ABUJA — Rebel governors who defected from Nigeria's ruling party merged their splinter group with the main opposition party on Tuesday, eroding the power base President Goodluck Jonathan would need for re-election.
Governors are among the most powerful figures in Africa's largest oil-exporting country - some control budgets bigger than those of many African states - and their influence carries a great deal of weight in selecting presidential candidates.
Seven governors from Jonathan's party have defected, the most explicit internal threat to his assumed plan to run in elections in early 2015. However, some were due to leave office or represented states that Jonathan was unlikely to win, leading analysts to question how much effect they could have.
The seven governors and ex-presidential hopeful Atiku Abubakar formed the splinter group opposed to Jonathan in August. All were present for the meeting where the decision was made to merge with the opposition party, the All Progressives Congress (APC), said Lai Mohammed, a spokesman for the APC.
But a spokesman for one of the seven, Governor Mu'azu Babangida Aliyu of Niger State, said that “he remains a member” of the People's Democratic Party, Jonathan's party, so at least one governor in the splinter group did not back the move. Official sources close to another governor said the agreement was not yet a done deal, so another may also remain.
“After exhaustive deliberations, the two parties agreed to merge in order to rescue our fledgling democracy and the nation,” said a joint statement, read out by Kawu Baraje, chairman of the splinter group, who is not himself a governor.
'Outside there is nothing'
“The Presidency does not feel threatened, the PDP does not feel threatened,” Amed Gulak, special advisor to Jonathan on political affairs, told journalists at the state house. “Outside there is nothing. The PDP is the only party,” he said, adding the governors still had a chance to be welcomed back.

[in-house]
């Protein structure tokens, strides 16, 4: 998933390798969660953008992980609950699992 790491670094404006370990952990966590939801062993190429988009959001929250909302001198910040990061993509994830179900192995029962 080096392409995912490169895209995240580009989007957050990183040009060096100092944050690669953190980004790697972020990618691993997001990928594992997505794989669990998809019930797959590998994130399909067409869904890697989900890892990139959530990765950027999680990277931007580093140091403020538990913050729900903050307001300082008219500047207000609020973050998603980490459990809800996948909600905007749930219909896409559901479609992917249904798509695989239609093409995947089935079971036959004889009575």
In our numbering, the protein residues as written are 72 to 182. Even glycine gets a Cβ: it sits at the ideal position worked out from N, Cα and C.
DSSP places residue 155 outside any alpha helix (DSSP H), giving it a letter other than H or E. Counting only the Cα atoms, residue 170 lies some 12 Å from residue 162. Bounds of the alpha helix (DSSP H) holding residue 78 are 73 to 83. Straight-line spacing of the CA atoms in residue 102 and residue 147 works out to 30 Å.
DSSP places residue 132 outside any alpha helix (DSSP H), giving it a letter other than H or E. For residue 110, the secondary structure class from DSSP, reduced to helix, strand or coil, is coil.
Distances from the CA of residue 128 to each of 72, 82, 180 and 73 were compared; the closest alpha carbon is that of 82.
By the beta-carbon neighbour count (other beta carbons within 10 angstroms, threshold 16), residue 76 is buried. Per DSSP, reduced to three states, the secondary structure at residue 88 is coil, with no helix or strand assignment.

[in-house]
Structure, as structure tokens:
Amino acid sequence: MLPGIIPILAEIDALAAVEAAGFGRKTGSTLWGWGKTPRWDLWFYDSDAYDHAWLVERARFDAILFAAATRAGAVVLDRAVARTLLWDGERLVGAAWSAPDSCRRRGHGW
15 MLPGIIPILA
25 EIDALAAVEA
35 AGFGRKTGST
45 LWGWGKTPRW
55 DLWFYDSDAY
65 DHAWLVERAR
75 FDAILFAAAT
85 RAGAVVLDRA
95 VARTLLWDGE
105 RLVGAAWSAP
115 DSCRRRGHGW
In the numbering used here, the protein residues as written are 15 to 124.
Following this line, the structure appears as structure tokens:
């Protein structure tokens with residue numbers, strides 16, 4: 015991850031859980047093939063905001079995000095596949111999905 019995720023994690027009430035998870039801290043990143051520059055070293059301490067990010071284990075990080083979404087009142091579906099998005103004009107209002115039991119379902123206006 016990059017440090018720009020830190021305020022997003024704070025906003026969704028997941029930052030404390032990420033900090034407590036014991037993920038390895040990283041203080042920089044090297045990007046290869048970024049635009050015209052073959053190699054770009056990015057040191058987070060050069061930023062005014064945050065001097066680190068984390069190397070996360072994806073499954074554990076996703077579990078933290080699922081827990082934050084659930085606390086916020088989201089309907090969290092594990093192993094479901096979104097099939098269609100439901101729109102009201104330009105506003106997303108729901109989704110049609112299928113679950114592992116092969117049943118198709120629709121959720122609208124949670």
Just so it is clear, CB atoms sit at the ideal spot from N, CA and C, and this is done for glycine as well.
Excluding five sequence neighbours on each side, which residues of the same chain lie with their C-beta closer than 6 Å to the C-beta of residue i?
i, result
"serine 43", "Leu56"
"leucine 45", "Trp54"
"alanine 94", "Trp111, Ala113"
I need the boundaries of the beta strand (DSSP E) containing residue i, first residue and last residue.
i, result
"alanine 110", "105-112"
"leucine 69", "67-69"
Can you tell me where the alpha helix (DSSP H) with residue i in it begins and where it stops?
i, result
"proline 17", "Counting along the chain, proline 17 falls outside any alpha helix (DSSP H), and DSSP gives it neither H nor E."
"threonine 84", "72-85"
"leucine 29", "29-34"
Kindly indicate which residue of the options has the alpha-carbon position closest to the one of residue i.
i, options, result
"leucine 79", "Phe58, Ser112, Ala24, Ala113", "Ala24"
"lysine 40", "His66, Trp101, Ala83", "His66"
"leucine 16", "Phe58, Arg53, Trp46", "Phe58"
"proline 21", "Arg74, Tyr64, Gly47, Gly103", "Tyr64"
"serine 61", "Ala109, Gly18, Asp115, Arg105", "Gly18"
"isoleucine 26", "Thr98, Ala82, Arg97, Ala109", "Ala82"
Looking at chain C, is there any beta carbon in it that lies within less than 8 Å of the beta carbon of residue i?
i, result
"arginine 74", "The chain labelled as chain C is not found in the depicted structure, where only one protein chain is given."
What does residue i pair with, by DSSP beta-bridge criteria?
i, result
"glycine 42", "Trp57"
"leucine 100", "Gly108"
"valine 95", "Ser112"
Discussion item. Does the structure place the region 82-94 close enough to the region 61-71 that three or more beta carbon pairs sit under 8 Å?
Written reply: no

The PDP has been in power since shortly after the end of military rule in 1998, but it has increasingly been riven by internal squabbles.
Many northerners say Jonathan's running again would violate an unwritten PDP rule that power should rotate between the largely Muslim north and mostly Christian south every two terms.
The president has also made powerful enemies elsewhere, including the governor of Rivers state, Rotimi Amaechi, who is from Jonathan's own oil producing Niger Delta region but defected nonetheless.
“They have come to join the APC. The governors have all agreed. We believe they are all on board,” Mohammed said.
Amaechi told Reuters by SMS text message that the splinter group had joined the APC and Baba Dantye, a spokesman for Kano state governor Rabi'u Musa Kwankwaso, also confirmed the move.
“It is a blow to the PDP in terms of prestige, but most of the departing governors were from states where the president polled badly in 2011 and would not have been expected to win,” said Antony Goldman, head of Africa-focused PM Consulting.
With most of the defecting governors due to leave office in 2015, it is unclear how much help they can give the APC, Goldman said.
The more hotly contested the race, the more likely it is to turn violent, as it has in the past, analysts say.
It is also likely to hurt state finances, as the demands of patronage needed to fight the election grow.